The Court’s Ruling
The court’s decision, by Manhattan Supreme Court Justice Carol R. Edmead, found that the counterclaim’s allegations of breach of fiduciary duty by Beauchamp, as supplemented by the allegations in Johnstone’s affidavit, sufficiently alleged the existence of a duty, its breach and resulting damages with respect to Beauchamp’s activities before and after the May 9 Agreement. Justice Edmead further explained:
It has been held that an LLC managing member continues “to owe fiduciary duties” to the LLC members until the LLC is dissolved (McGuire v. Huntress, 83 A.D.3d 1418, 920 N. Y.S.2d 531 [4th Dept 2011] (rejecting contention that the fiduciary duty owed to LLCs members ceased when the members orally agreed for one member to buyout the equity interests of the other, since the duty continues until the LLCs were actually dissolved); see also LLC Law § 203(d), “A limited liability company formed under this chapter shall … continue until the cancellation of the limited liability company’s articles of organization”)). And, although it is has been held that a withdrawal of a member of an LLC may trigger a dissolution of an LLC (see Spires v. Casterline, 4 Misc.3d 428, 778 N.Y.S.2d 259 [Sup. Ct., Monroe County 2004] ), such a withdrawal does mandate a dissolution unless it is found that “it is not reasonably practicable to carry on the business” (Horning v. Horning Const., LLC, 12 Misc. 3d 402,816 N.Y.S.2d 877 [Sup. Ct., Monroe County 2006] citing LLC Law 702), and there is no indication that the LLC herein was dissolved. Thus, at this pleading stage, it cannot be said that defendant failed to state such a breach of fiduciary duty claim.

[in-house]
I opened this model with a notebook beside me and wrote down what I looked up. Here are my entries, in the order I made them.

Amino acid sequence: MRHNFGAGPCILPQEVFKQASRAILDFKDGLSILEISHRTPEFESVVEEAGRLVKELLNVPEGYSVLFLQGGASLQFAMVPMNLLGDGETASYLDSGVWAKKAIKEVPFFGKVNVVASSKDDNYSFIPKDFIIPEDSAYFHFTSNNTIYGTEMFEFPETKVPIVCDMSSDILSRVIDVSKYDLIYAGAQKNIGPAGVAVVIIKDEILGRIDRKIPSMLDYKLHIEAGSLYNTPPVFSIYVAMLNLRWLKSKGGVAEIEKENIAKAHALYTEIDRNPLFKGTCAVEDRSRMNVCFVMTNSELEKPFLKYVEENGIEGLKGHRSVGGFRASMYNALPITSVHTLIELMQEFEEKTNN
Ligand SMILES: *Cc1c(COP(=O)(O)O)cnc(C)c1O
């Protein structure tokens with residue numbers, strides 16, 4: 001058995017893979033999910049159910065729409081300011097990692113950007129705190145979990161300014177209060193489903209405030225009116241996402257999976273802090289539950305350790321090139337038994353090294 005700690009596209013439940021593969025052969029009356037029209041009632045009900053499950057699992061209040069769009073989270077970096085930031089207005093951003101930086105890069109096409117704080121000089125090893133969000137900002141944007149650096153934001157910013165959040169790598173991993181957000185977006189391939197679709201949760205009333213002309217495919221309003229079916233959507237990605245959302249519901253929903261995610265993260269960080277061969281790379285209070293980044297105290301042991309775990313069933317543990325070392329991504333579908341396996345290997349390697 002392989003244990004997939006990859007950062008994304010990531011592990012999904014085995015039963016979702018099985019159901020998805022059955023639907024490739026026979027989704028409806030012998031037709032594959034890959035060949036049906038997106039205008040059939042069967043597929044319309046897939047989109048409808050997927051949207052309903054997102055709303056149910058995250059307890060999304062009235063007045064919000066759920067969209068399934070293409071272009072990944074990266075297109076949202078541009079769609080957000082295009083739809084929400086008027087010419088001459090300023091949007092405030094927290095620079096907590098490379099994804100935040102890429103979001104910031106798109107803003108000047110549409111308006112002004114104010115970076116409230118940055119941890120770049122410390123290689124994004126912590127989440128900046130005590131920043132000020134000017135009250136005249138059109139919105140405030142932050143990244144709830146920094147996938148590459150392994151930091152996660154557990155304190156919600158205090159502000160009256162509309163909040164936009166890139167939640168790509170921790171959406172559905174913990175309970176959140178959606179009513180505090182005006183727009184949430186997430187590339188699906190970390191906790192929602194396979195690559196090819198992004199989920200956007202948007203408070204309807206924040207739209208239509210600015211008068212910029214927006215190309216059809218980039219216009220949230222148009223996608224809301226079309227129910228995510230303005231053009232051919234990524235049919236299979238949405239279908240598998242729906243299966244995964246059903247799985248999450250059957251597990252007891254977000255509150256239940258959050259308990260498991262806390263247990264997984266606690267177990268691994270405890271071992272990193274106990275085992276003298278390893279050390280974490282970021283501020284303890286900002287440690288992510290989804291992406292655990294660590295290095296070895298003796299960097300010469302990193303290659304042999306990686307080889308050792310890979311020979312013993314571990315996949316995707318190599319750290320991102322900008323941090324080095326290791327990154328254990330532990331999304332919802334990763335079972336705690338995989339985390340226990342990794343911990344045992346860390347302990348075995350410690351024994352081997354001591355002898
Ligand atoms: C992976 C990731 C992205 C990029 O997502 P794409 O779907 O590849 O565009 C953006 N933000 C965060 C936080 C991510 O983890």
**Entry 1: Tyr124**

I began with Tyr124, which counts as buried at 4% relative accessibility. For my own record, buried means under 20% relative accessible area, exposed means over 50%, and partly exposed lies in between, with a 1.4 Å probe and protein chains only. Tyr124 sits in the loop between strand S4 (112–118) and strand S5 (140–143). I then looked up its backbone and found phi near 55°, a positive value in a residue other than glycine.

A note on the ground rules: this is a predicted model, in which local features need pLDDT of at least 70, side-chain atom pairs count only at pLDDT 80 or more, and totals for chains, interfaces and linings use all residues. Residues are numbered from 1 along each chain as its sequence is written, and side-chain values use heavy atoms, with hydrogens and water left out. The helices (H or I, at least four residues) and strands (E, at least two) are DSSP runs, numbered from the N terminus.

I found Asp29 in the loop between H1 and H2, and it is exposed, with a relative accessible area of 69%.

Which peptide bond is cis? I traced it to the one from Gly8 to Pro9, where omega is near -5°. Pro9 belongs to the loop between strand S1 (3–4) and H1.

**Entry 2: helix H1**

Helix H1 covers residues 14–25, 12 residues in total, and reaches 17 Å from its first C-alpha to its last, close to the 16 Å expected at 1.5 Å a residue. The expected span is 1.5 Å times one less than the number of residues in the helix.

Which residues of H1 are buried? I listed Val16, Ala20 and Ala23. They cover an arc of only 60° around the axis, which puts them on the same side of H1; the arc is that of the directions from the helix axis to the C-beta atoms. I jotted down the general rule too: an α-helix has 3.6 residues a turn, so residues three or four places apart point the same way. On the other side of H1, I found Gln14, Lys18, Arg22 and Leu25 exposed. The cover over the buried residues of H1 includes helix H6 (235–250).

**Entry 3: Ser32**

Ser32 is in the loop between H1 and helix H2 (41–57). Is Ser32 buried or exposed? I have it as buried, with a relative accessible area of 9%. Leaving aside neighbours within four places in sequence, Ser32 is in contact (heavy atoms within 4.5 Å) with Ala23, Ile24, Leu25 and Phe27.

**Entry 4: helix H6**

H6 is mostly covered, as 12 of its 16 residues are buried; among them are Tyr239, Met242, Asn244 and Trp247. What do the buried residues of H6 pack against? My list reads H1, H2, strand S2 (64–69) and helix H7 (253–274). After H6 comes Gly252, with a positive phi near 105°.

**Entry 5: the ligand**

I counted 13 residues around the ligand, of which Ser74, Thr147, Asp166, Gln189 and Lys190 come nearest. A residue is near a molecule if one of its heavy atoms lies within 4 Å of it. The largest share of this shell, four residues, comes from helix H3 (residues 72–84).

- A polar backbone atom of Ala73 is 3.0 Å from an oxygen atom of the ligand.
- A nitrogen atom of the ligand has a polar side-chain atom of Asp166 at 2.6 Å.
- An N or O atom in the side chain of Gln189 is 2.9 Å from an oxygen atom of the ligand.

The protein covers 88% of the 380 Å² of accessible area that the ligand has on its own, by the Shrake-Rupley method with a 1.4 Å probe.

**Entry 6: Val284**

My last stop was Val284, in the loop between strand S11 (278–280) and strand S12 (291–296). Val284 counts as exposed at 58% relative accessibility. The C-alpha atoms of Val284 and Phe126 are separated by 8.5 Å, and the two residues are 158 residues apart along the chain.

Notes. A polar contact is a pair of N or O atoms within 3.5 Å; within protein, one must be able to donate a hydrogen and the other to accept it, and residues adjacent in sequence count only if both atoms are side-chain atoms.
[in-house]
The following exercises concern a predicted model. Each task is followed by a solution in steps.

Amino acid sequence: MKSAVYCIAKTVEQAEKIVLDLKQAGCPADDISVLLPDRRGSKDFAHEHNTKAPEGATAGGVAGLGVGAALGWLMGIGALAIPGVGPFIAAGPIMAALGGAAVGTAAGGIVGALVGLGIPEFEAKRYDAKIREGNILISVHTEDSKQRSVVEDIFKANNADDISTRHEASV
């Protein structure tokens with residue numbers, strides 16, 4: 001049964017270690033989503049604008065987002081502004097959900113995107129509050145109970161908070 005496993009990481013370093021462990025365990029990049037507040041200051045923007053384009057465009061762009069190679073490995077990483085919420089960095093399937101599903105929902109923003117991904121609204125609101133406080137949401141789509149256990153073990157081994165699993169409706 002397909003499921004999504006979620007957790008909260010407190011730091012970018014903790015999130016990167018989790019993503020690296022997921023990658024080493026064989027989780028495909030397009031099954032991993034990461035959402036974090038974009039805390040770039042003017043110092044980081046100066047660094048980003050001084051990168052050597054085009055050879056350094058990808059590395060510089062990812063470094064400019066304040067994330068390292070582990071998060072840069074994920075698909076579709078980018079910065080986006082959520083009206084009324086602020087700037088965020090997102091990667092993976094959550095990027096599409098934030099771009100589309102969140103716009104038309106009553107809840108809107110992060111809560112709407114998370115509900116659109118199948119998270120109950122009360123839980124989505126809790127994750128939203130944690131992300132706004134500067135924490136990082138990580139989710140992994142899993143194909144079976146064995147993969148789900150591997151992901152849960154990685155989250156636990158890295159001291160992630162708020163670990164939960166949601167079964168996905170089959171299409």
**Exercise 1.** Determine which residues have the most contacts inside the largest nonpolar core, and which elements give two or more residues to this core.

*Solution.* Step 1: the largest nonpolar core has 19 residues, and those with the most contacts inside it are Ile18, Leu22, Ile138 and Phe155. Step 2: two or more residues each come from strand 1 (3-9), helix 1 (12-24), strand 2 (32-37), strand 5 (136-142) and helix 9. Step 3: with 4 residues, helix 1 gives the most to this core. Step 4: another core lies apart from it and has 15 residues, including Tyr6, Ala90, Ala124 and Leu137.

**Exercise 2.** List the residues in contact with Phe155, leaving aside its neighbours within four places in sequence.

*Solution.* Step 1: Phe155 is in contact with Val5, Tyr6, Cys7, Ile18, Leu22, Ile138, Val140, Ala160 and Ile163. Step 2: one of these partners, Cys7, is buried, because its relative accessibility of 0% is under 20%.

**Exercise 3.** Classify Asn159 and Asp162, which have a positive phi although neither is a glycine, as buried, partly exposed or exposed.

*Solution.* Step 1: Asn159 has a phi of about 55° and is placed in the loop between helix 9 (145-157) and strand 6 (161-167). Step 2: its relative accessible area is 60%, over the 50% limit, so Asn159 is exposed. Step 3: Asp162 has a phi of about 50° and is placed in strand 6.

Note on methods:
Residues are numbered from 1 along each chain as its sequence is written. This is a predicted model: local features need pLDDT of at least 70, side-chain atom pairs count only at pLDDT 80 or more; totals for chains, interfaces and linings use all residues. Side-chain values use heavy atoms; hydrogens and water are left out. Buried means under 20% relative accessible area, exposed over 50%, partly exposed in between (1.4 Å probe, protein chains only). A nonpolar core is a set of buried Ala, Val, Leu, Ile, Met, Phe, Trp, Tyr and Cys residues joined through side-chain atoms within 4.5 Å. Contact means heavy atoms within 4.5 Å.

Justice Edmead rejected Johnstone’s argument that Beauchamp’s subsequent proffer of the unexecuted May 18 Separation Agreement rendered the May 9 Agreement non-binding, stating that the “May 9 Agreement contains no language indicating that it is merely an agreement to agree, and the Separation Agreement is unexecuted by either side.” Ultimately, however, she did not accept Beauchamp’s argument that the May 9 Agreement foreclosed Johnstone’s counterclaims or his assertion of a continuing membership interest in P&P. Here’s what she wrote:
Although the May 9 Document contains terms regarding the defendant’s separation from the Company, i.e., the remaining work to be completed by [Johnstone], a schedule of [Johnstone’s] severance payment, and a division of the Company’s equipment and domain names between the parties, [Johnstone] attests that [Beauchamp] misrepresented the value of the Company in inducing [Johnstone] to sign the Document. Thus, contrary to [Beauchamp’s] contention, it cannot be said that [Johnstone’s] withdrawal of the funds precludes him from asserting the existence of any damages, and precludes [Johnstone] from asserting a claim to damages based on his status as member of the Company. And, the May 9 Document does not conclusively establish a defense to [Johnstone’s] allegations of [plaintiff’s] breaches of his duty occurring prior to the Document’s execution.
Beauchamp and Johnstone are the only two people who know what really happened at their May 9 meeting and, as crude and incomplete as the May 9 Agreement is, whether it was intended to memorialize Johnstone’s withdrawal from P&P. Had Beauchamp checked with counsel in advance, he likely would have been advised to include express language referring to the relinquishment of Johnstone’s membership interest in consideration of the monies and other property granted to him in the agreement. Had he included such language in the agreement, their breakup still might not have been a good one, but chances are it would have not been so bad.